Has the stimulus bill got you stimulated? Watch out, a government suitor can sometimes turn on you.
With over $350 billion available in stimulus funds for sectors including energy, infrastructure, construction, healthcare, education, public safety, and government services industries, a lot of companies are eager to get in the game, but unfamiliar with the rules.
More pillowtalk, after the jump.
Drew Harker, a partner from Arnold & Porter’s DC office, says companies that haven’t done business with the government should not be deterred, but need to understand what they will have to comply with. Simply put: Government contracts can involve a lot more paperwork, costs controls, auditing, and litigation risk than commercial contracts.
“A lot of companies have gotten in a lot of trouble because they haven’t followed the four corners of a government contract,” Harker said. “They will come back and audit you, and sometimes say you overcharged, and sometimes say you defrauded the government.”
“We’ll spend a lot of time talking about where the land mines are,” Harker said.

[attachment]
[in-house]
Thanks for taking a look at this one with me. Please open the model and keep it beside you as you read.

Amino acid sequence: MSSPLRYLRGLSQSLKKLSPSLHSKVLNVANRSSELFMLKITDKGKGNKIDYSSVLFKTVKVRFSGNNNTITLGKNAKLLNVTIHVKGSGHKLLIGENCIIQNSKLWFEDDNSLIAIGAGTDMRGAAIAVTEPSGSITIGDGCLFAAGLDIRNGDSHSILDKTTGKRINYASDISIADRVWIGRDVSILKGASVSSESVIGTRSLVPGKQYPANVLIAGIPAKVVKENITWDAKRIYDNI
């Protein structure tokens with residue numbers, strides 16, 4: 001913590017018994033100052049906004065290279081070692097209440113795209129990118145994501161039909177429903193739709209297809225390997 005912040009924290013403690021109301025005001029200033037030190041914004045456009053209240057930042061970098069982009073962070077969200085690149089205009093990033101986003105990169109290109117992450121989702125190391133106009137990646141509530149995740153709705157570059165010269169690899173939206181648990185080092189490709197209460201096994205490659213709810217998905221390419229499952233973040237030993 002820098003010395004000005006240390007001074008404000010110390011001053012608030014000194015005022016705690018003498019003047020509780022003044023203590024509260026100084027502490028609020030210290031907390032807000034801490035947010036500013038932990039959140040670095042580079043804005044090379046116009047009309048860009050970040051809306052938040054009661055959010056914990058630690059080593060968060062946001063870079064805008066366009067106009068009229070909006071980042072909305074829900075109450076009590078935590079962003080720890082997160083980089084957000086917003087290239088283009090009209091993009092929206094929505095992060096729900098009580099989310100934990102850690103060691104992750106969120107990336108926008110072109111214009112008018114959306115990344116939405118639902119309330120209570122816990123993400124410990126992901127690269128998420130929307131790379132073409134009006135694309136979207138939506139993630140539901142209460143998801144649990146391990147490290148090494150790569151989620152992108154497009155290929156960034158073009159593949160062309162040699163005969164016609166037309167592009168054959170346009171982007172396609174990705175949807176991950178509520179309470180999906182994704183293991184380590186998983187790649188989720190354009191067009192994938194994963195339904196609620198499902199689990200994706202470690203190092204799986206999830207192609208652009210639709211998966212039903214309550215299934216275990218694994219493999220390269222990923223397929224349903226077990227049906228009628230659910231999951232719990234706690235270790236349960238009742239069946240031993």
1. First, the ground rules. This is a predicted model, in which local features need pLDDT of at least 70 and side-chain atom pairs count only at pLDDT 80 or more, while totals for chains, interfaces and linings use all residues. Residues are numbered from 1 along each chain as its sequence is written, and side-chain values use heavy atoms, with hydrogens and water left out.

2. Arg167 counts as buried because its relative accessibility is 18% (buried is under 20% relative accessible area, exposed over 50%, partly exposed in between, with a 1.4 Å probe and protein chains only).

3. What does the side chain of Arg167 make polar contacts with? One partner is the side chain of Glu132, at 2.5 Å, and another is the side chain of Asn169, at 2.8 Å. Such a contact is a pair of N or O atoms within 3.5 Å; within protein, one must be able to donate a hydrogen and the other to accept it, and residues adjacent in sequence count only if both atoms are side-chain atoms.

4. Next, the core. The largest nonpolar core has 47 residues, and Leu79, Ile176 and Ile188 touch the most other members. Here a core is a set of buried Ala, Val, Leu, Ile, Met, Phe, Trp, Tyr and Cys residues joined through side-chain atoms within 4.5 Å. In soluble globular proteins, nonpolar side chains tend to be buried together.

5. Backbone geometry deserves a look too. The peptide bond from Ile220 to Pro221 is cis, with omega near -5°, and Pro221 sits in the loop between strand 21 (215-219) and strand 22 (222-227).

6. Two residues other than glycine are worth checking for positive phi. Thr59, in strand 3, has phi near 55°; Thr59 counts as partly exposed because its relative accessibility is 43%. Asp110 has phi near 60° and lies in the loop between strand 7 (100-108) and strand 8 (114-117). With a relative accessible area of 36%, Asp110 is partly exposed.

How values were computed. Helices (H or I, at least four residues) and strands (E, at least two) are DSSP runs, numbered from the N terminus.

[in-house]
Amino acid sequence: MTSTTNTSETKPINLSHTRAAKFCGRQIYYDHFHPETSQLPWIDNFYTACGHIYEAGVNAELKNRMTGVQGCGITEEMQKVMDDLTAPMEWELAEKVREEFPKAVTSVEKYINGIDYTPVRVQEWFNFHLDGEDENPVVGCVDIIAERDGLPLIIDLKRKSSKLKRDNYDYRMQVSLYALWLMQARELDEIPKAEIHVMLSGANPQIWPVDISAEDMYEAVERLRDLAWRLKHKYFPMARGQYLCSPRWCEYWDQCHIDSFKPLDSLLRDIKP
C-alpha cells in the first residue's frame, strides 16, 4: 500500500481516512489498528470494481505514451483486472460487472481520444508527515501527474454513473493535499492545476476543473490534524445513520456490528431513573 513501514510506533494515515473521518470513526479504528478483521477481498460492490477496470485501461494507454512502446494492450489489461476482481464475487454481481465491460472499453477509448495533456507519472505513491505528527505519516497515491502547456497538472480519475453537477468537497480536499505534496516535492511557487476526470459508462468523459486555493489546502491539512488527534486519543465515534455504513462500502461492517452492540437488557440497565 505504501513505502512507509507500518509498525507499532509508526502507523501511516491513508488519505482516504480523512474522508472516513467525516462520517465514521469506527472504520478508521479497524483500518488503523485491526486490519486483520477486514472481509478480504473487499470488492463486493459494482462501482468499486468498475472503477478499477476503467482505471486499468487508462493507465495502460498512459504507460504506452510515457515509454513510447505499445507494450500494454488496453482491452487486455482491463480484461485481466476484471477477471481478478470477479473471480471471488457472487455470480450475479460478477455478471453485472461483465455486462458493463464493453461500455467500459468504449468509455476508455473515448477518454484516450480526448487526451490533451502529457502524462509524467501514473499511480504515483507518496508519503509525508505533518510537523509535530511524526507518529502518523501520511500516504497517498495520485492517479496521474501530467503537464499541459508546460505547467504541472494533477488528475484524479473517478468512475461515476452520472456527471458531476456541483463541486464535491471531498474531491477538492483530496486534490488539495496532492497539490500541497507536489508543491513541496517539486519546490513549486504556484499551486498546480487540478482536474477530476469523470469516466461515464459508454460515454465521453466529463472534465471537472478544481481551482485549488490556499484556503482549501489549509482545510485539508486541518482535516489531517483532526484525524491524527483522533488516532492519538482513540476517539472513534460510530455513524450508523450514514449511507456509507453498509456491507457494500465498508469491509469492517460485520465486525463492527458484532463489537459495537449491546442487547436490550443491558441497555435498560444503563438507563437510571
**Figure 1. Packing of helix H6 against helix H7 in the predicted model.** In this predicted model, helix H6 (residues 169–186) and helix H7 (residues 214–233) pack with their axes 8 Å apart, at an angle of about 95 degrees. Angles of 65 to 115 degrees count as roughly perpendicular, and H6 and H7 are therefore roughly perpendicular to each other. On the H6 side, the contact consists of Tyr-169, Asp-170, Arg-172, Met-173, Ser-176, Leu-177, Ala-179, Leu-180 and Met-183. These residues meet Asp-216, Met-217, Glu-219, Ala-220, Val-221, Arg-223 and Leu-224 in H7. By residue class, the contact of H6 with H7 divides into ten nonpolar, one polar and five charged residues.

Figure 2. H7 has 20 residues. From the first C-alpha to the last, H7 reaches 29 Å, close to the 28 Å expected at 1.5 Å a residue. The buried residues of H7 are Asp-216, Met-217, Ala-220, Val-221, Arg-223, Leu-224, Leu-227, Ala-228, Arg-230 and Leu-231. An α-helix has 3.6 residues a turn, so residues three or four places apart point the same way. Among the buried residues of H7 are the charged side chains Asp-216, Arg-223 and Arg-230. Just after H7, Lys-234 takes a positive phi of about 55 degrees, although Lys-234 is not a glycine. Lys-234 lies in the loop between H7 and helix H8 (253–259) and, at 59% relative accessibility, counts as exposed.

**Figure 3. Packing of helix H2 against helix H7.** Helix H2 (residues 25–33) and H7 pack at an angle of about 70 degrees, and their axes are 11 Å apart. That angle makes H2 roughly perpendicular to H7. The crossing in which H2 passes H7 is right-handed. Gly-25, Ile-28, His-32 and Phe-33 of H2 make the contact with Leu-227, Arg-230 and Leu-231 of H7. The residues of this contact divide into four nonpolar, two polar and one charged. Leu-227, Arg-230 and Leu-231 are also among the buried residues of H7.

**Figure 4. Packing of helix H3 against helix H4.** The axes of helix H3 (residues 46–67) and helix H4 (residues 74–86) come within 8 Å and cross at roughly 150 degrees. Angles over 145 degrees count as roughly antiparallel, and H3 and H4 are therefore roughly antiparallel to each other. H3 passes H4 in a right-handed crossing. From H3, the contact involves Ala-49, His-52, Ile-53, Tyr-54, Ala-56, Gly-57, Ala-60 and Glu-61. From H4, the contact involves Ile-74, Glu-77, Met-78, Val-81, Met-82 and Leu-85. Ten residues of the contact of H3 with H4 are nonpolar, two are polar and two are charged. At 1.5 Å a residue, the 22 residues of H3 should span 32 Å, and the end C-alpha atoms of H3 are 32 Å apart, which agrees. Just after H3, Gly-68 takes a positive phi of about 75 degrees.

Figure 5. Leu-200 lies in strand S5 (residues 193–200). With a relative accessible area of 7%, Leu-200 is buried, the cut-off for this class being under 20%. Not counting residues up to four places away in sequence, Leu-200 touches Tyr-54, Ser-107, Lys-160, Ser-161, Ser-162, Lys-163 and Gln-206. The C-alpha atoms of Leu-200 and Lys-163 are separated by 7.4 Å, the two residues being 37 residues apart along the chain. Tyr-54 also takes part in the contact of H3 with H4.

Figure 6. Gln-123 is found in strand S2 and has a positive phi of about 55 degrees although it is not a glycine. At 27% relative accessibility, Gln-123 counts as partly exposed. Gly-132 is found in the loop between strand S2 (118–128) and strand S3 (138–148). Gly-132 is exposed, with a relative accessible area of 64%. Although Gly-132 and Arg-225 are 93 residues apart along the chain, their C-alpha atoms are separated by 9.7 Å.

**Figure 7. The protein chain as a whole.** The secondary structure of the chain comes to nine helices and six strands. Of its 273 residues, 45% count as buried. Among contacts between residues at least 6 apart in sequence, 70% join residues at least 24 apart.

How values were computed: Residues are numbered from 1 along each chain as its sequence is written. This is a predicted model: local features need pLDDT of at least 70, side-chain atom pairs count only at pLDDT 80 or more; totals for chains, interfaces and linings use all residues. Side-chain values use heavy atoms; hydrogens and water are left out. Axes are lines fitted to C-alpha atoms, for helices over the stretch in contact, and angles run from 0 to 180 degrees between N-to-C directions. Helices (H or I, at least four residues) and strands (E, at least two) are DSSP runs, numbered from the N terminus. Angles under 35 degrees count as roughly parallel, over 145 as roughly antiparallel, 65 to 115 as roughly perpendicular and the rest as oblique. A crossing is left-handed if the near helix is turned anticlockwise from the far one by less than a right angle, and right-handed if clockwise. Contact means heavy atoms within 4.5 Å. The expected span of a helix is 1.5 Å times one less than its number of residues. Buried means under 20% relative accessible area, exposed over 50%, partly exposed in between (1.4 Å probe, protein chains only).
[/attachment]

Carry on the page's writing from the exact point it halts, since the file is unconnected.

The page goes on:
In San Francisco, Harker will be joined by Rep. Jerry McNerney, D-Calif., a member of the House Committee on Energy and Commerce, and Trenton Norris, managing partner of the firm’s office here.
In Santa Monica, the guest speaker will be Rep. Henry Waxman, D-Calif., chairman of the House Committee on Energy and Commerce.
A panel will discuss the strings that come with government contracts as well as the increased auditing expected from California on any federal stimulus money it channels to contractors.
Government auditors have clamped down after emergency spending measures that followed the 9-11 attacks, Katrina and Iraq.
“A lot of times, the government was in a hurry to spend the money, and the contractors were in a hurry too, and they didn’t necessarily pay attention to the contractual requirements,” Harker said.
— Amanda Royal
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